While he put steaks on the grill and threw the frisbee to the girls and dog, I got in the shower and couldn't coax myself out of it. I sat on the floor with the water rushing over me. I made feeble attempts at talking myself out of this one like I've done with depressive episodes in the past. But something in me was protesting too strongly. I was tired of trying to choose happiness. I was tired of trying to fix myself, by myself. For years I have been managing the depression, being without health insurance and unable to afford help, and I've done a decent job. I have sought out spiritual teachings and educated myself about the disease. I have practiced yoga and meditation and what I am told therapists call "thought stopping", teaching myself to cut off the lies depression fires constantly in a brain, to replace them with other thoughts. I have taken my fish oil and walks in the sun, I eat my nuts and salmon and green smoothies. I have done this for more than ten years and sitting on the floor of the shower, I thought about how it feels like plugging holes in a breaking damn. It feels like fighting an unstoppable, ten-year tide. And I realized that depression is not something I have to manage on my own. I have tried, I try so hard, I do a really good job but I deserve to have more than one good day out of every six or ten or twenty. In that momennt of clarity, the clouds of depression cleared in my brain and I thought: On Monday I will make an appointment at the sliding-scale clinic and I will tell them that I need help. That I want medication because I can't do this on my own anymore. And I don't have to.
The decision alone brought some relief. I managed to get out of the shower. I went to the kitchen and told Noah my plan. He agreed, gently, that it was a good idea. I couldn't wait to get to the doctor's office, to get real help, but just making the decision caused a shift in my brain. For all these years I have treated depression like it is a part of me that I am responsible for managing, something that I need to change. I do believe I am responsible for my moods and actions, to some extent my thoughts and emotions but I'd been treating depression like it was my fault and something I was responsible for fixing. It's not. It's an unwanted visitor. It's a monster on the shoulder and it's not my job to talk the monster down off ledges, to self-help it into a prettier, presentable state. No. I want the damn thing hacked the fuck off.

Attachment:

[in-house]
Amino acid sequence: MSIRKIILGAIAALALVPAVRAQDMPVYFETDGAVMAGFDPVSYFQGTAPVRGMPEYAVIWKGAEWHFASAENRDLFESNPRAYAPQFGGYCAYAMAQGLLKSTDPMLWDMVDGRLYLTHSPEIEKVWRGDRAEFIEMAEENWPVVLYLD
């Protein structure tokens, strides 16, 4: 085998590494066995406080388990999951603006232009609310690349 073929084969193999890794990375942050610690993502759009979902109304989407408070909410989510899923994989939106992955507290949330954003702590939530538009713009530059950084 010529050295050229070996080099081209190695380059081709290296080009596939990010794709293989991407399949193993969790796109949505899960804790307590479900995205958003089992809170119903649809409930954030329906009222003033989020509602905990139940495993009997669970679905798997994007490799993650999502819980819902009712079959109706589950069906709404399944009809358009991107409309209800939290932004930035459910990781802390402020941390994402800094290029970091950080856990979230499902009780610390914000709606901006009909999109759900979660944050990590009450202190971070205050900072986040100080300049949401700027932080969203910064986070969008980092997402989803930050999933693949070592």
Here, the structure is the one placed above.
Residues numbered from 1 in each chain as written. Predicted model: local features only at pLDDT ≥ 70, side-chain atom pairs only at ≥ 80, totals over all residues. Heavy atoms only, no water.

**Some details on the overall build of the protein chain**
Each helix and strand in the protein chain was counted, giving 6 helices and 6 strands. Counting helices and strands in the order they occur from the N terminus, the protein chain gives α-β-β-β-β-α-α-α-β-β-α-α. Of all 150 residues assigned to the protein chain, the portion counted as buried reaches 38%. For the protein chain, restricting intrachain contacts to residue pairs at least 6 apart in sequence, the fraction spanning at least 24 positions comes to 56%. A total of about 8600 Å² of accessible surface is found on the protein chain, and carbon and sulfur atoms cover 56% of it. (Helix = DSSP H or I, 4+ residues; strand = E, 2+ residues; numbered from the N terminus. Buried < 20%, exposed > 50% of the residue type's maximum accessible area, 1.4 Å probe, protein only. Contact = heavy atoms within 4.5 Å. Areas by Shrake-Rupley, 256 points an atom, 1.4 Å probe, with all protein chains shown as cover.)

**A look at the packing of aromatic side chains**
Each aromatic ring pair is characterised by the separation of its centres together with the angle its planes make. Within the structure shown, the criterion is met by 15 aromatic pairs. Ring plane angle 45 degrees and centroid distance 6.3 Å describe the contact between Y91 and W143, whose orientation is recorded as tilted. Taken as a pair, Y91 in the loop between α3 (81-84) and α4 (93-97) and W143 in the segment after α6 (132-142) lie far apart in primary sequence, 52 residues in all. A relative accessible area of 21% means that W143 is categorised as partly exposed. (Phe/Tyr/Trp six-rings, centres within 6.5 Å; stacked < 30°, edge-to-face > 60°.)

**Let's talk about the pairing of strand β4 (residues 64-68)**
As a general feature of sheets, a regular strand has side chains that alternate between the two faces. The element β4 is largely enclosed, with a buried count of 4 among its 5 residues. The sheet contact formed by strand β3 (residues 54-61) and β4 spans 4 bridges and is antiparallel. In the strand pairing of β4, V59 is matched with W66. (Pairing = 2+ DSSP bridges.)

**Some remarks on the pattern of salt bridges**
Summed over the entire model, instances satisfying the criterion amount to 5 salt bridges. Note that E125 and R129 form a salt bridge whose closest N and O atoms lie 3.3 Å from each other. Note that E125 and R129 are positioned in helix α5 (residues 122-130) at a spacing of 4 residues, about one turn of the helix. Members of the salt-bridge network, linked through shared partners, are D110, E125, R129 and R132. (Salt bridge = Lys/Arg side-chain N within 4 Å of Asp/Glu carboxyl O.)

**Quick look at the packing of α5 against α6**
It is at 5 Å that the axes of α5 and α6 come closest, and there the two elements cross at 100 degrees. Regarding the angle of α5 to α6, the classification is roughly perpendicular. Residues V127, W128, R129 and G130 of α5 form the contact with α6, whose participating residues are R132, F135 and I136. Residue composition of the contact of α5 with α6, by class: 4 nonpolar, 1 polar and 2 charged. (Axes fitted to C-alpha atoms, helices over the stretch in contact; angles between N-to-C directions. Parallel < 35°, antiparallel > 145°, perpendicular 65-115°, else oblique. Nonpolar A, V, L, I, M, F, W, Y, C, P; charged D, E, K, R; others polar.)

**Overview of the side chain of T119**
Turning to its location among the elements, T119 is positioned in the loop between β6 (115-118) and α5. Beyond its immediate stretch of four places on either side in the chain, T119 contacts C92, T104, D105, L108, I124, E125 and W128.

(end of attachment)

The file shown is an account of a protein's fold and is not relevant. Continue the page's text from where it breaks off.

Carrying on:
And if I can't do that, I want to medicate it into a stupor so that I can go about my life, unbothered as possible.
So it's Sunday night. I had a decent day. First thing tomorrow I am calling the doctor. I am a little afraid of being denied help and brushed off, I don't know why, I just am. My contingency plan: if that happens, I will get another opinion. I am making this promise to myself, here, at the turning of the seasons. I'm going to get help. I'm going to feel better. I'm not going to go it alone, anymore.
The tide must change.